house of happy

Life adventures in prose and verse. Explorations of places, people and words. Stories and fun.

Saturday, 23 April 2016

Flying Backwards

Was it 1997? February for sure, a day that looked, felt and probably tasted too, of lead.  We trudged on, taking turns to push the pram through sticky-brown slush. We were lost in a park in Northern Bosnia, Tuzla to be precise - where you lived with your fiancee, where I was visiting from Sarajevo. I didn't know you very well. 

We didn't need to be in that abject park at all, we could have stayed at home and cooked bean stew and watched Pingu. But we went anyway, out of a misplaced sense of duty - to take the kid out, to have some exercise, get to know each other better, find the old zoo, make a memory. 

The pram got stuck in a gummy puddle and we sank to our ankles in mud, trying to get it going again. In the end, we lifted it out, carried it to a frosty bank. The kid sat like an emperor in his gilded litter, waving to a dog. Not just a dog, a huge dog, brown and shabby, half-asleep in a cage. 

Cage? Did this mean we'd found the zoo? Not that we dwelled too much on this detail, because the pushchair was still stuck. We prodded and puzzled, found something wedged around a wheel. It looked like a thick elastic band the colour of old chocolate. You pulled at it with all your might while I pulled the pram the other way. I pictured you flying backwards, if the gooey rope snapped. I never thought once that I - and the the pram - would be flying backwards too.

In the same instant, we realised that the snag in the wheel was an old pair of tights and the dog in the cage was a bear.  Your voice petered out. My face felt numb. We walked in silence through the icy sludge, to another wasteland in the distance - the same mud, a few rusty swings, some weeds that will endure, I swear, through blizzard or apocalypse.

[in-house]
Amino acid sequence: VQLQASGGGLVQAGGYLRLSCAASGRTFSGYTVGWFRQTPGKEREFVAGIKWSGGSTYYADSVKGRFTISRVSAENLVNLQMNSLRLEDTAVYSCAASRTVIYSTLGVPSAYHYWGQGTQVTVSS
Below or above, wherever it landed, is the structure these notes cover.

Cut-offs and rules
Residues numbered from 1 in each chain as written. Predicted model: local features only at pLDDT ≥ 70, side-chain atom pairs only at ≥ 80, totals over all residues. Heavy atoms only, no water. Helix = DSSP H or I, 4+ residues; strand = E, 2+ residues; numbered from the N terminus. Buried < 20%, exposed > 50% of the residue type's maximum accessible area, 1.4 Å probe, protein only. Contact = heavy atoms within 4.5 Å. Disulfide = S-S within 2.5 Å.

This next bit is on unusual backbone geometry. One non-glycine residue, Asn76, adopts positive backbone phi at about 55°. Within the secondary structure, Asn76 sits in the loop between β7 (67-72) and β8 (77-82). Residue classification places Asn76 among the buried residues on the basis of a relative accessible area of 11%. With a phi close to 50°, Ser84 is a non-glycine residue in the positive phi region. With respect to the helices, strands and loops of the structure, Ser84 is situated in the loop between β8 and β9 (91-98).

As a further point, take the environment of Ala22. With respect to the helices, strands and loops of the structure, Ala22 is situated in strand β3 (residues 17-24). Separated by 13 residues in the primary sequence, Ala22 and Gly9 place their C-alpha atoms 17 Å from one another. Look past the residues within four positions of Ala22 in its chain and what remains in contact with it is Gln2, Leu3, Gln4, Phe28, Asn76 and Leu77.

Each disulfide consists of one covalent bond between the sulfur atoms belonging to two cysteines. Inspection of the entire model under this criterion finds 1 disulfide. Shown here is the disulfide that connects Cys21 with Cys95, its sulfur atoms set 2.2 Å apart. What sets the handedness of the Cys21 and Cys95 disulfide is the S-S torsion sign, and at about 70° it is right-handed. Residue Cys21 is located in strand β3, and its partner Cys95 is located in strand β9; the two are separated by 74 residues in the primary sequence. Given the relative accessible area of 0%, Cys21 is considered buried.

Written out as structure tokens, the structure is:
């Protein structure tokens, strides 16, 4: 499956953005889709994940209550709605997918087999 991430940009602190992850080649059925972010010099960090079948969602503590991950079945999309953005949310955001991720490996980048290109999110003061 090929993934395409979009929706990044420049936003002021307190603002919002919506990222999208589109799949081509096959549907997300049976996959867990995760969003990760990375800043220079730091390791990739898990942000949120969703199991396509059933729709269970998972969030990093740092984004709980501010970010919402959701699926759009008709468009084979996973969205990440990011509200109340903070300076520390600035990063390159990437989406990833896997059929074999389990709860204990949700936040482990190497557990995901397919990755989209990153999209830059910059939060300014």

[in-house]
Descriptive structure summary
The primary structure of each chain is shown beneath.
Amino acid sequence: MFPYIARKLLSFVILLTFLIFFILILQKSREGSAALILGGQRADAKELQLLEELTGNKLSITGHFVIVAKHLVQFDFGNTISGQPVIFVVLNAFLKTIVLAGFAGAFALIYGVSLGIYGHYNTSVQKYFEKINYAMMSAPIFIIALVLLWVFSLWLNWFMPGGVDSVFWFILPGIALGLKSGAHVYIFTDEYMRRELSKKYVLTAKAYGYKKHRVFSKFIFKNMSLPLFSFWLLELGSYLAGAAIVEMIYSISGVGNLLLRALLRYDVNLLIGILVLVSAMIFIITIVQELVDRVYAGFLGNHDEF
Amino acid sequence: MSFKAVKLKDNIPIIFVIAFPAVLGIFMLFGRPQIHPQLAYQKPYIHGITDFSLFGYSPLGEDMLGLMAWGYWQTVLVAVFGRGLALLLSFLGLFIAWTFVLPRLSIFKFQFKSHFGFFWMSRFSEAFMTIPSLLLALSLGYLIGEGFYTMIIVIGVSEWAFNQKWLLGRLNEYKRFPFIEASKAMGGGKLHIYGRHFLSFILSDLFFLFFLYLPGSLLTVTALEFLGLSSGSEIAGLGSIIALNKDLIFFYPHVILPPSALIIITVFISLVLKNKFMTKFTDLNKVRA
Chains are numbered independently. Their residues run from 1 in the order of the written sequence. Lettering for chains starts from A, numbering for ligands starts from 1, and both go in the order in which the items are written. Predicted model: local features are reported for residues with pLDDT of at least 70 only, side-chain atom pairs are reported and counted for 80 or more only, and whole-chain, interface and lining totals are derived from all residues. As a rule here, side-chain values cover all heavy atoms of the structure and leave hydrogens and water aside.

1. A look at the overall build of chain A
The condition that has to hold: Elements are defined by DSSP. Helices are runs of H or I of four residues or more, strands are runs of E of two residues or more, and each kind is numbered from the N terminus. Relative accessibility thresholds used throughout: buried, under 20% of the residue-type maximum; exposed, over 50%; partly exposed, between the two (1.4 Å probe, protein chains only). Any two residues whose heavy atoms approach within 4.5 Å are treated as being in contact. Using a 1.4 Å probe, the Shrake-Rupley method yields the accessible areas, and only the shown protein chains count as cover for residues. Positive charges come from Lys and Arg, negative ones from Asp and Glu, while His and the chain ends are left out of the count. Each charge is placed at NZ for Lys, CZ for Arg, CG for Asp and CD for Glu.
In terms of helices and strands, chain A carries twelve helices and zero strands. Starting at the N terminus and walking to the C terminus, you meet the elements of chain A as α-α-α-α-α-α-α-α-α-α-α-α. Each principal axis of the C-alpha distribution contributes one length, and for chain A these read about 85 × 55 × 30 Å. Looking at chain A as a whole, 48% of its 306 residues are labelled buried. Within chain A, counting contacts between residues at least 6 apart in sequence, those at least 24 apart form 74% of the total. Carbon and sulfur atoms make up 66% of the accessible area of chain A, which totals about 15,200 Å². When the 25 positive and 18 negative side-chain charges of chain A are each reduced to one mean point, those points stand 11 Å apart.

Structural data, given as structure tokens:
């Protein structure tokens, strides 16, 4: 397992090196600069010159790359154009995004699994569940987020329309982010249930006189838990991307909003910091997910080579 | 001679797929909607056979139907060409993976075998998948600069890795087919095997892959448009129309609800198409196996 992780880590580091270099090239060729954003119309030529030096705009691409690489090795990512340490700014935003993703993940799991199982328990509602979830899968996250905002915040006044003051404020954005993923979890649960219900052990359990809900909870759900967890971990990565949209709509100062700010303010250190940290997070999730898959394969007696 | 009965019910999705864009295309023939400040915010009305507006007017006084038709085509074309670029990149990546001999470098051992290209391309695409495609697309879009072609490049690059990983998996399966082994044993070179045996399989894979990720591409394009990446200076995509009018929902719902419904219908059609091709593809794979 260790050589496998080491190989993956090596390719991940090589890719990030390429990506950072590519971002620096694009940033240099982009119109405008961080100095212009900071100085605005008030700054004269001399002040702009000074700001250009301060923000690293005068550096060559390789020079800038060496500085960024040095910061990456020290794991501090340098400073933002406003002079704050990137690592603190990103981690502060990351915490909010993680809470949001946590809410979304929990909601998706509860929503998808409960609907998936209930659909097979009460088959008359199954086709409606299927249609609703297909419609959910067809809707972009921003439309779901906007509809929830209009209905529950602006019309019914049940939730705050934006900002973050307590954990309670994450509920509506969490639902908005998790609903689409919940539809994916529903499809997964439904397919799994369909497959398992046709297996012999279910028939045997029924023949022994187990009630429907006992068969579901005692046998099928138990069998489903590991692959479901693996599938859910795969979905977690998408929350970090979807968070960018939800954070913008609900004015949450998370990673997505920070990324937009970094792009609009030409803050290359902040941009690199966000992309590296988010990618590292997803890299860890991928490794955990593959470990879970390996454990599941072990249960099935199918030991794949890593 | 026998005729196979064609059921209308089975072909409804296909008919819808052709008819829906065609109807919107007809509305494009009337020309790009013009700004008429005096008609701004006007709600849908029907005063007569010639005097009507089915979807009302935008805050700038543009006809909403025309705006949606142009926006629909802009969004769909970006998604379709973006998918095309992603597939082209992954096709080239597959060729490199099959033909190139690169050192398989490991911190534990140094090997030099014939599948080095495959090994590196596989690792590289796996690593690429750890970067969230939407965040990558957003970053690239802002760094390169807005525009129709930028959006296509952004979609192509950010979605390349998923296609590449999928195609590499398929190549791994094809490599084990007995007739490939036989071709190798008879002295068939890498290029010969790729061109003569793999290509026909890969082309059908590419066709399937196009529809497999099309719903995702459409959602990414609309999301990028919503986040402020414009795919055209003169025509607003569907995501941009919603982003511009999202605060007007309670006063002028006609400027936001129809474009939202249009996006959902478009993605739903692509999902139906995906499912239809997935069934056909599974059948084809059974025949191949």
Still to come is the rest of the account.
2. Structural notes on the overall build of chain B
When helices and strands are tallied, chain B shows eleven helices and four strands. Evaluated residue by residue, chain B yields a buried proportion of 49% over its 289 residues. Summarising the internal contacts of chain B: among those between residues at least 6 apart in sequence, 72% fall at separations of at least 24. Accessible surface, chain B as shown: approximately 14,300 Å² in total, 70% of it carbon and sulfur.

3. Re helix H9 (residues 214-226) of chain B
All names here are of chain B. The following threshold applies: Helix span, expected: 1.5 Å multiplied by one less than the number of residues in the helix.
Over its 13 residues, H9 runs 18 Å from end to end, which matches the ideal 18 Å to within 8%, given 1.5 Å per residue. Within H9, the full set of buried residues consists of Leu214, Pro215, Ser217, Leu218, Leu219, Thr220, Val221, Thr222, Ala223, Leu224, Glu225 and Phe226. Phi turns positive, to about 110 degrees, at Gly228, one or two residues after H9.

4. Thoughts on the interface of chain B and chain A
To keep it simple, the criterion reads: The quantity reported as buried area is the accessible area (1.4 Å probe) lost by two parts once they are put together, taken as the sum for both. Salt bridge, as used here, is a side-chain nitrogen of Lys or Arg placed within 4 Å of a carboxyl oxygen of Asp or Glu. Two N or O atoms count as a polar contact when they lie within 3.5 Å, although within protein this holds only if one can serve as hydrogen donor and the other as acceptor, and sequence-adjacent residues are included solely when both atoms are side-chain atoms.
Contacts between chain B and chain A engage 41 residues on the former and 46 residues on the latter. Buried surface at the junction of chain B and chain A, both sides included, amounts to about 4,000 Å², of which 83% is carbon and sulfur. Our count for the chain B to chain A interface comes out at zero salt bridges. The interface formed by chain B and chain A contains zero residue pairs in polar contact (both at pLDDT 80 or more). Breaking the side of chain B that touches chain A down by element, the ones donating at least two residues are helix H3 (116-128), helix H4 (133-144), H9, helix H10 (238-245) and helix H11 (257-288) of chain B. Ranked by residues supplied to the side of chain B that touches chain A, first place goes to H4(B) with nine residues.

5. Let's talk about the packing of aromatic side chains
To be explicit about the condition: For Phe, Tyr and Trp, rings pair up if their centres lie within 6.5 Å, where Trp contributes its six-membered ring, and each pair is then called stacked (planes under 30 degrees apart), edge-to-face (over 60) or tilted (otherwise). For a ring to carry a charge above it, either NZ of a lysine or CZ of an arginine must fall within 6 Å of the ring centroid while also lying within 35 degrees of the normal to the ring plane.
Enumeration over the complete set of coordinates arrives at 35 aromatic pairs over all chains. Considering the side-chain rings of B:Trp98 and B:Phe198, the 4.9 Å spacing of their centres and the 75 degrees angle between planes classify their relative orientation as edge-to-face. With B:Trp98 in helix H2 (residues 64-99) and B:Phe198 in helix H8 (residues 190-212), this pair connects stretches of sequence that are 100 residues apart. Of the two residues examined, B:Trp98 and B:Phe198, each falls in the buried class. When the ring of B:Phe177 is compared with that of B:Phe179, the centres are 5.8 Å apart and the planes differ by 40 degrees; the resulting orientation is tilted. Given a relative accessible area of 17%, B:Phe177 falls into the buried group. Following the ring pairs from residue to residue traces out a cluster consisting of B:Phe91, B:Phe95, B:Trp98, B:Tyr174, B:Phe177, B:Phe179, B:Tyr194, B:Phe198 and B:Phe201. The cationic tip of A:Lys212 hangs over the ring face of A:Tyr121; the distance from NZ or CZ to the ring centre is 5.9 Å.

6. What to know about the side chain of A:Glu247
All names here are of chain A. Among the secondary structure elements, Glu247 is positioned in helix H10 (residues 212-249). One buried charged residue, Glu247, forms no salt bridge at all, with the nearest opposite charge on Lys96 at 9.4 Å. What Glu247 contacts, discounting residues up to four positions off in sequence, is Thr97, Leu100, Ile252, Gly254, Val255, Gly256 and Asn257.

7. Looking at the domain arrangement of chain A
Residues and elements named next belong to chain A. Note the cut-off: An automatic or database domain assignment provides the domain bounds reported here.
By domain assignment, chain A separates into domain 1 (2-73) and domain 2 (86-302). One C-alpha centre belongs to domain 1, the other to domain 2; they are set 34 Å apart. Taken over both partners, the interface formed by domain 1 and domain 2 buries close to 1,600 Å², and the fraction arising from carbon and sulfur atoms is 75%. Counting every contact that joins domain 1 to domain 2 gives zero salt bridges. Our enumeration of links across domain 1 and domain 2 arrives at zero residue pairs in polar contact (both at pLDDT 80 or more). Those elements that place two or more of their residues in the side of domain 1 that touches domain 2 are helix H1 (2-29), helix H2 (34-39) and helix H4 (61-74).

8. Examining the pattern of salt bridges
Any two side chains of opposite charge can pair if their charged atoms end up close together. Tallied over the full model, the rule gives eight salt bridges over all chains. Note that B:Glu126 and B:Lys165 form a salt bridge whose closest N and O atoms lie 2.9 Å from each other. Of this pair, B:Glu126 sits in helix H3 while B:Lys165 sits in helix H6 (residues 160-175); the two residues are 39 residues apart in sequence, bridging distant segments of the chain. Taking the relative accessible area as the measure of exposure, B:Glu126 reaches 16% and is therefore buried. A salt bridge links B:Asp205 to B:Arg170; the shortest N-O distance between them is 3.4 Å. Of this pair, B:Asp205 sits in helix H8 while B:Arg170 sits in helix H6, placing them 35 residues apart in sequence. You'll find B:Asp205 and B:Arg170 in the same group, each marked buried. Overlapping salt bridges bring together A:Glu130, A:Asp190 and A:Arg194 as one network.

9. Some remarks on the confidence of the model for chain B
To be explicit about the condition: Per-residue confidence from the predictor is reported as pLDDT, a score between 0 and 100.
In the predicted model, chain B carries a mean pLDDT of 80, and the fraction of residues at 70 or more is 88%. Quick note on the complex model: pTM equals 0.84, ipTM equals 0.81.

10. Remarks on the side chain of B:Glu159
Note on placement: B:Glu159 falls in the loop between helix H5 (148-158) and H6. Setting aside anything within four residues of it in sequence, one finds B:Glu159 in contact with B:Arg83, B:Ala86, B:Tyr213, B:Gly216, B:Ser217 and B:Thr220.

Freed from the pushchair, the kid flew to the swing. Squeeeak - it swung twice, sluggish, and the kid was bored. He tottered to a slide - a toddler's slide, you remember, no taller than the bear. The kid climbed fast and stopped on the thin platform at the top. We chatted and waited for him to sit, slide down, repeat. 

Two things happened instead. You vanished from my side. And the kid fell. 

No. Neither of these statements is correct (nor is the picture).  The kid didn't just fall - he raised his arms and dived backwards, straight as a plank.  And you didn't just vanish - you sensed what the kid was about to do, and sprinted to the slide, to catch him. No one could have got there in time. He fell on his back - splat! - in the thick mud. I, the mother, hadn't even moved an inch. You got to his side and raised your face to me, stricken. My mouth was hanging open, one irrelevant word frozen half-in, half-out, half-said. 

In the dreadful silence, we both heard the kid chuckle. He was ecstatic, this was the Life! He got up and planted a muddy paw on your face, before trying to replay his new trick - climb the seven steps, stand with his arms to the side, fly backwards, splat. 

To this day I wonder how you got there so quickly. How you didn't even know us very well and still you sprung to save us; how you've been there to catch us ever since. Now it's my turn to fly backwards: to recapture this memory we made and send it to you - almost twenty years later, but with the same wonder and gratitude. Happy birthday, Alina. 


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